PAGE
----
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The 411 on “The Last Dance”

From left to right: Steve Kerr, Scottie Pippen, Michael Jordan, Dennis Rodman, and Head Coach Phil Jackson. Photo courtesy of ESPN

“What time is it? Game time, woo!”

It will always be game time for Michael Jordan and co., but now it’s game time for everyone in the sports world.

Starting on April 19th, 2020, we won the tip. We have possession of a front row seat to Michael Jordan’s celebrated career, in addition to the storybook timeline of the Chicago Bulls’ through six NBA Championships.

Two episodes of “The Last Dance” are released every Sunday on ESPN, with each episode one hour apiece. The debut of the series was originally going to air in June, but lucky for us, ESPN decided to advance the premiere of this project a few months early due to requests from fans, and adjustments in programming caused by COVID-19.

Not only does this 10-part docuseries commemorate the Bulls’ success in the 1990s; it gives us a deeper look of the franchise’s happenings, featuring a compilation of themes like the controversial management led by the late General Manager Jerry Krause, Scottie Pippen upset about not making the big bucks, Phil Jackson’s unique coaching philosophy, Dennis Rodman drama, the Detroit Pistons, and much more. This might seem like a bit much, but this is only through Episode IV.

But, the most admirable part of the docuseries so far is in Episode I. Director Jason Hehir takes us back to Jordan’s humble beginnings at the University of North Carolina, where we get to see splashes of Jordan’s National Championship-winning days. The late head coach of North Carolina Dean Smith and current head coach Roy Williams get the chance to speak about the unmatched work ethic and growth of Jordan during the summers in between seasons.

There is plenty of basketball in Episode I, but there is a sentimental portion highlighted, too. Jordan’s mother reads a letter he sent to her dating back to his freshman year at UNC, asking her for stamps and money. This was refreshing to see because it was evident that Jordan and his mother appreciated the youthfulness of the moment. Jordan showed spurts of his tender years during his first few seasons in the NBA too; he was only 20 years old and fresh. The rest of this episode had a positive motif, because there no was no extreme tension with the Bulls yet, in terms of players.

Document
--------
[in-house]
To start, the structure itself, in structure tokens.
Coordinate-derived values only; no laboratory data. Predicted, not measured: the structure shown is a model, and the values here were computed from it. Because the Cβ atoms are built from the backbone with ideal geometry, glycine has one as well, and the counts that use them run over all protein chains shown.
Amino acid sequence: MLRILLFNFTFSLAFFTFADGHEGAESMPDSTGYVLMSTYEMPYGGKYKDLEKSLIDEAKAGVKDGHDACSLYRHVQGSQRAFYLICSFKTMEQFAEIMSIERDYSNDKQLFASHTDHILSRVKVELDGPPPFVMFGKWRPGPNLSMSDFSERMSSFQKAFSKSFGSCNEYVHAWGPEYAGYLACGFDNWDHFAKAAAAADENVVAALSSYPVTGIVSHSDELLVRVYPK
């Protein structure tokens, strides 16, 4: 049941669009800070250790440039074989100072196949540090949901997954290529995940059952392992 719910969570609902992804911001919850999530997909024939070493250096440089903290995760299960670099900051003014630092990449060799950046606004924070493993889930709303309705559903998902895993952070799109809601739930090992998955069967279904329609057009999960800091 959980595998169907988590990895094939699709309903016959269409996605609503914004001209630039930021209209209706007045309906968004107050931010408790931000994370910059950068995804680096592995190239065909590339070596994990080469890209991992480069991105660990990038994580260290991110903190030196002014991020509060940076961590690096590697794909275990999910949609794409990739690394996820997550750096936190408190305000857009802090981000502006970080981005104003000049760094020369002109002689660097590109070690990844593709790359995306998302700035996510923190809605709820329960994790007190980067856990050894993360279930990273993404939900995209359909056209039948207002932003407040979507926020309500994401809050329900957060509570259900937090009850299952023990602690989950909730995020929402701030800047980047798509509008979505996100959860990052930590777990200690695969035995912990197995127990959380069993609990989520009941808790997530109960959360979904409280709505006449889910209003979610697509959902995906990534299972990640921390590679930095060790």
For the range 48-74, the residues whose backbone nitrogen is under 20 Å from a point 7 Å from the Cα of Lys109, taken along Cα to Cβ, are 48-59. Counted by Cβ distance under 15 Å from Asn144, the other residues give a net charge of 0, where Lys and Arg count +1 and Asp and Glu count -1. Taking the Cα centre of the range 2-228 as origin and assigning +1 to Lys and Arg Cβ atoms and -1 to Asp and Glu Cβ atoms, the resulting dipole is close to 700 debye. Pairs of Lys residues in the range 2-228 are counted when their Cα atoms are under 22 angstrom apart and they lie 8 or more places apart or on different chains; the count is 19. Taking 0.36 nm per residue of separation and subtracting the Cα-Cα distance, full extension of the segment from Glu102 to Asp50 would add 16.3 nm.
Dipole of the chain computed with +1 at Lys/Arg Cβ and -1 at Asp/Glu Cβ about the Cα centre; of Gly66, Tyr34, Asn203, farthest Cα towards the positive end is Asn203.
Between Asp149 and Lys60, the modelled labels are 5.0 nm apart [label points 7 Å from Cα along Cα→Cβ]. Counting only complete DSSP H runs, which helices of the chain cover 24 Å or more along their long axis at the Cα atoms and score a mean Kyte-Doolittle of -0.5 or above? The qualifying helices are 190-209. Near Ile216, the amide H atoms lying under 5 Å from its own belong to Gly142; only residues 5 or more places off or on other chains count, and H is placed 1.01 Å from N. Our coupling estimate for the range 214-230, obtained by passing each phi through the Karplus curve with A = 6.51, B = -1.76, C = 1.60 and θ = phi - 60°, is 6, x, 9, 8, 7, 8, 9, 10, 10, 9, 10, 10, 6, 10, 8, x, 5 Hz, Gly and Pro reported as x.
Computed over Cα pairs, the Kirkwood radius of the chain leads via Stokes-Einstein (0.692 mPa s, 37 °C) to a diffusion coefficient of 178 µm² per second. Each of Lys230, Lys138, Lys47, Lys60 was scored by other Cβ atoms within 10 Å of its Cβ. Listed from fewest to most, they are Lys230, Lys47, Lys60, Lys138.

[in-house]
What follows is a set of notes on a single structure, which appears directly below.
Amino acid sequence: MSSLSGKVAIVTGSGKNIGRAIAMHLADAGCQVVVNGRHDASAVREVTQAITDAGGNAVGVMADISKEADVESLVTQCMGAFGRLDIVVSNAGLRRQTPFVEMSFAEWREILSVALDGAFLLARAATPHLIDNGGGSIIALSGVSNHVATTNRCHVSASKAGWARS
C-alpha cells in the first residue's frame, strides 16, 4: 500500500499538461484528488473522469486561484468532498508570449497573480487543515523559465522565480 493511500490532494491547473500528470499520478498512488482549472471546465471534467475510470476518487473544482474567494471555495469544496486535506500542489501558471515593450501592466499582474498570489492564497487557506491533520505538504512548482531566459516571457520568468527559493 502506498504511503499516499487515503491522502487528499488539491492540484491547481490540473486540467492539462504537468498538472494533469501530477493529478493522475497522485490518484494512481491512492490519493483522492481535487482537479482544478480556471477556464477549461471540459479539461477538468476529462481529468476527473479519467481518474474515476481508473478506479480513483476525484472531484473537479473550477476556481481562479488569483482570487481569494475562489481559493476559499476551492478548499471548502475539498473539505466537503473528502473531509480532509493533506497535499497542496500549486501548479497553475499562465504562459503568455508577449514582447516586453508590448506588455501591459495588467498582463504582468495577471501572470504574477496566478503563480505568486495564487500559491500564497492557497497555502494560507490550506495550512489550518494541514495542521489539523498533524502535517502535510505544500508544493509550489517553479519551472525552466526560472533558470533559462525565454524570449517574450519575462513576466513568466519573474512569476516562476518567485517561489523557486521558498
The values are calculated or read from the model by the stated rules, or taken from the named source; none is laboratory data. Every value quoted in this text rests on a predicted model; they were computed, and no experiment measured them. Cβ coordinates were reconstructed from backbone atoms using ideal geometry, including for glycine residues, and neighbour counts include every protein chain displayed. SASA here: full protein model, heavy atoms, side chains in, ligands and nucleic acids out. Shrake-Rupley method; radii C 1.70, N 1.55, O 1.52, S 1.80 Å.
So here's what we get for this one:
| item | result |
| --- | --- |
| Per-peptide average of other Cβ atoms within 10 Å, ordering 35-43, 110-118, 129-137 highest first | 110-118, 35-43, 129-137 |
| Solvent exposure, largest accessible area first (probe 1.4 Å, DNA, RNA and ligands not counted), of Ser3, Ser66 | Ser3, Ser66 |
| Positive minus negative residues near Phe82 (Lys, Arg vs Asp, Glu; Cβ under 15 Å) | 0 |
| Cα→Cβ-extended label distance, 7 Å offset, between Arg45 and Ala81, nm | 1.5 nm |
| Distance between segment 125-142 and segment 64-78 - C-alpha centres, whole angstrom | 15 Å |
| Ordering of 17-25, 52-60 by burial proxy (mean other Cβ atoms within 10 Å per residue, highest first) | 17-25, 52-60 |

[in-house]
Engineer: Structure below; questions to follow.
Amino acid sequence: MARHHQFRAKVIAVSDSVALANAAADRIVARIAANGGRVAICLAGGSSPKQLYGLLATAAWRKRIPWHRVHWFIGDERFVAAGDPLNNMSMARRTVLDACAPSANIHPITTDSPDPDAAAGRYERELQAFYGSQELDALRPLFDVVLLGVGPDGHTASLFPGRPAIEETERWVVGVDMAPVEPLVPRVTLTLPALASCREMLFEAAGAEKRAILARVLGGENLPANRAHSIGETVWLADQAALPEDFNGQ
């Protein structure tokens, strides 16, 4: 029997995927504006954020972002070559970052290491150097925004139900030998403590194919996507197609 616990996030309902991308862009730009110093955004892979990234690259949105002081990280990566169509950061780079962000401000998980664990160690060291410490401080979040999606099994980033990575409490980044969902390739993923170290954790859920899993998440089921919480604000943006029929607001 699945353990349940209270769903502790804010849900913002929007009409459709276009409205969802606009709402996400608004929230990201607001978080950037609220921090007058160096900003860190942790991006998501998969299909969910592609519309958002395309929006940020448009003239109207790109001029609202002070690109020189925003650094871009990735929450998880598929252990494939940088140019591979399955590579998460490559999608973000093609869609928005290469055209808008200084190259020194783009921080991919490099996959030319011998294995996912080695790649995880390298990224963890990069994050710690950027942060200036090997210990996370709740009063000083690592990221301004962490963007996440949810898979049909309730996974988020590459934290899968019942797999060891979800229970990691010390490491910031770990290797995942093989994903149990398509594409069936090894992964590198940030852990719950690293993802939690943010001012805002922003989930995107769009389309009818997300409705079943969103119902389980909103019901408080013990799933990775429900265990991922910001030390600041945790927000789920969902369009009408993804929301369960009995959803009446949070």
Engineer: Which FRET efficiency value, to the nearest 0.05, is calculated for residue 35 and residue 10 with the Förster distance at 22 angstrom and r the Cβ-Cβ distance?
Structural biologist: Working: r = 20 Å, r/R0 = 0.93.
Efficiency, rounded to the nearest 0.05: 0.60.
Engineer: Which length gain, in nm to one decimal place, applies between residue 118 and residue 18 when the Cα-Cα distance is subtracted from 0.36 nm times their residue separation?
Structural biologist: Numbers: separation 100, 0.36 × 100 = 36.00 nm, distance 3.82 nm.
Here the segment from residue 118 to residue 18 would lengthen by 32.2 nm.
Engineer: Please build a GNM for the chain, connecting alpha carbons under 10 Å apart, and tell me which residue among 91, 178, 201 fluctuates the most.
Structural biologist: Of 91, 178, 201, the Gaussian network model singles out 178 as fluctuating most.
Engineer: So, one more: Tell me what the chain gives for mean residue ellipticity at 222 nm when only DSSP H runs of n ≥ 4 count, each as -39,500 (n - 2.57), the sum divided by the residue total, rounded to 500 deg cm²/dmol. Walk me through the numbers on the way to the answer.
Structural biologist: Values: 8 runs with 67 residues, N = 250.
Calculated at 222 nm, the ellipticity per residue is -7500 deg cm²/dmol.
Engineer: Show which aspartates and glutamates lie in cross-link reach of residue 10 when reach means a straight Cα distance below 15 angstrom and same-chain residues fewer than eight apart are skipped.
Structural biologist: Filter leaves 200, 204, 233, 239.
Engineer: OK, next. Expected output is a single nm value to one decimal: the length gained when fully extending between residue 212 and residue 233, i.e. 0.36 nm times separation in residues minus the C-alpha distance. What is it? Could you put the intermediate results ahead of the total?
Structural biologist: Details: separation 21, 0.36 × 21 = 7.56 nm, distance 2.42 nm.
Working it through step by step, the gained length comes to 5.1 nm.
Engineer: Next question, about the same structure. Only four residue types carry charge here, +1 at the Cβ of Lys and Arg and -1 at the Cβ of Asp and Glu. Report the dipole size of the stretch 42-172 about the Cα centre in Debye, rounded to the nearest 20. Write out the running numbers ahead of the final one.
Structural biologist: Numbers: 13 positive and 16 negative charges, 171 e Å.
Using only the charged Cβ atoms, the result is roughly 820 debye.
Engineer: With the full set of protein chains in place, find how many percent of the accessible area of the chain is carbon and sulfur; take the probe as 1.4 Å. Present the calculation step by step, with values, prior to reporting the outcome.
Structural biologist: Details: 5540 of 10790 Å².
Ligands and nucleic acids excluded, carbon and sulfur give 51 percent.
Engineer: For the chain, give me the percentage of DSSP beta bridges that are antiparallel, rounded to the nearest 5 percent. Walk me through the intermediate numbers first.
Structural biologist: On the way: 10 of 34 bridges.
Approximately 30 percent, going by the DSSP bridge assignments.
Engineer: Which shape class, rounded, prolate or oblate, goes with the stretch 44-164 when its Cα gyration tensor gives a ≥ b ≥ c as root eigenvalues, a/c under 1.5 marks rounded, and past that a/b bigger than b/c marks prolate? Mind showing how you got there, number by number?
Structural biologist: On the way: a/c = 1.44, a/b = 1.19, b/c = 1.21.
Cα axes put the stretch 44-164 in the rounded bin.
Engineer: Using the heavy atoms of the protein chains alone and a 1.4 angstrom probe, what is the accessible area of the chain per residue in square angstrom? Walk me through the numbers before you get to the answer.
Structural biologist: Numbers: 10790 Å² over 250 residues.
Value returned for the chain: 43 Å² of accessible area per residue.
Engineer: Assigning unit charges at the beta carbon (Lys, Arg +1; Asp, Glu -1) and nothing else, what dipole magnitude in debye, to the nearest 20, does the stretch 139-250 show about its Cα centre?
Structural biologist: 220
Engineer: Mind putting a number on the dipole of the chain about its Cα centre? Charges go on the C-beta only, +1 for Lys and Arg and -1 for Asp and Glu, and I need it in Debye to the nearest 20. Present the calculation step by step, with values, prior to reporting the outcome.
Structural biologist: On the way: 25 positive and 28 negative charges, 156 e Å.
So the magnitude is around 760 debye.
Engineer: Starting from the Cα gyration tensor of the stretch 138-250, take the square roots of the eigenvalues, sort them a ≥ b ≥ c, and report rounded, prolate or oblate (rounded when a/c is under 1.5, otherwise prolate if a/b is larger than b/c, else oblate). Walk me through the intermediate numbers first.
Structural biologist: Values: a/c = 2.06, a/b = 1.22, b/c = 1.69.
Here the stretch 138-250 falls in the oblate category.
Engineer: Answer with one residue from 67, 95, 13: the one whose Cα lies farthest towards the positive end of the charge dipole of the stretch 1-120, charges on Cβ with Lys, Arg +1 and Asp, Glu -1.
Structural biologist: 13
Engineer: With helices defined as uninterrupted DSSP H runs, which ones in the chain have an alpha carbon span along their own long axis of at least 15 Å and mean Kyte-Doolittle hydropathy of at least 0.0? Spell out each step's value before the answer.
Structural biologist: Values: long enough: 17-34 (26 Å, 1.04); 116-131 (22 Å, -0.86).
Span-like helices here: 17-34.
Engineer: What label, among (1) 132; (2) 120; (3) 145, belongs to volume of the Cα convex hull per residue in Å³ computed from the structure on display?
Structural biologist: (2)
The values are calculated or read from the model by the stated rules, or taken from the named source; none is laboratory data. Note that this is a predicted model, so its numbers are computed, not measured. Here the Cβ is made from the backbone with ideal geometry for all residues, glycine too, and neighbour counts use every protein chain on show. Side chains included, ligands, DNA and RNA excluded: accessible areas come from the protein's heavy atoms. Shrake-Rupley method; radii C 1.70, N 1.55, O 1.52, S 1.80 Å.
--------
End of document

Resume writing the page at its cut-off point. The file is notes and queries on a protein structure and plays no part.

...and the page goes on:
Episode II shifts to a completely different topic. This episode revolves around Scottie Pippen, who went from equipment manager to arguably one of the best NBA players of all time. Pippen was crucial as to why the Bulls were able to dominate the league, but money got in the way. He was a part of a 7-year, $18 million-dollar contract, leaving Pippen feeling undervalued compared to other players in the league. Pippen is not happy at this point and wants a trade, but actually ended up getting injured and watched his team struggle without him. Deep down, Pippen was upset but wanted to be back.

Episode III belonged to Dennis Rodman, who was a part of the Bulls’ second three-peat. Rodman became an icon with his crazy hair styles, wardrobe, lifestyle, and tenacity on defense. He was a member of the “Bad Boys” with the Detroit Pistons in the late 80s, who the Bulls could never get past. Rodman and the Pistons created “The Jordan Rules,” meaning Jordan had to work for every single bucket. But, it got out of hand because it seemed like the Pistons were trying to physically hurt Jordan. Rodman later played two seasons with the San Antonio Spurs until the Bulls picked him up. This episode also gives us a glimpse of when Rodman asks for a vacation to Vegas.

Now a peek of Episode IV. Rodman was only allowed 48 hours of vacation to Vegas, but his teammates knew he wasn’t going to come back in that span. Rodman meets Carmen Electra in Vegas, they spend the night together, and MJ ends up having to get Rodman back to basketball practice. At practice, the team had to do extra conditioning to get their teammate back in shape. Lastly, head coach Phil Jackson and Rodman realize they both have a passion for the Native American culture, and it strengthened their relationship.

The episodes final main theme is the transition to the new offense, the Triangle Offense, where Jordan didn’t constantly have the ball in his hands, unlike with his previous head coach, Doug Collins. From here, there is more about the Bulls vs. Pistons rivalry, and MJ calling Pistons guard Isiah Thomas a choice word during this conversation. We also get to hear about the Bulls play the Lakers in The Finals, where Jordan learns to be the ultimate teammate with the new offense. The episode then circles back to the ’97-98 season, where Krause started to question Jackson after the Bulls blow a huge lead against Utah.

It’s safe to say that “The Last Dance” has lived up to the expectation. Episode V and VI air this Sunday at 9 p.m., and the vintage story continues.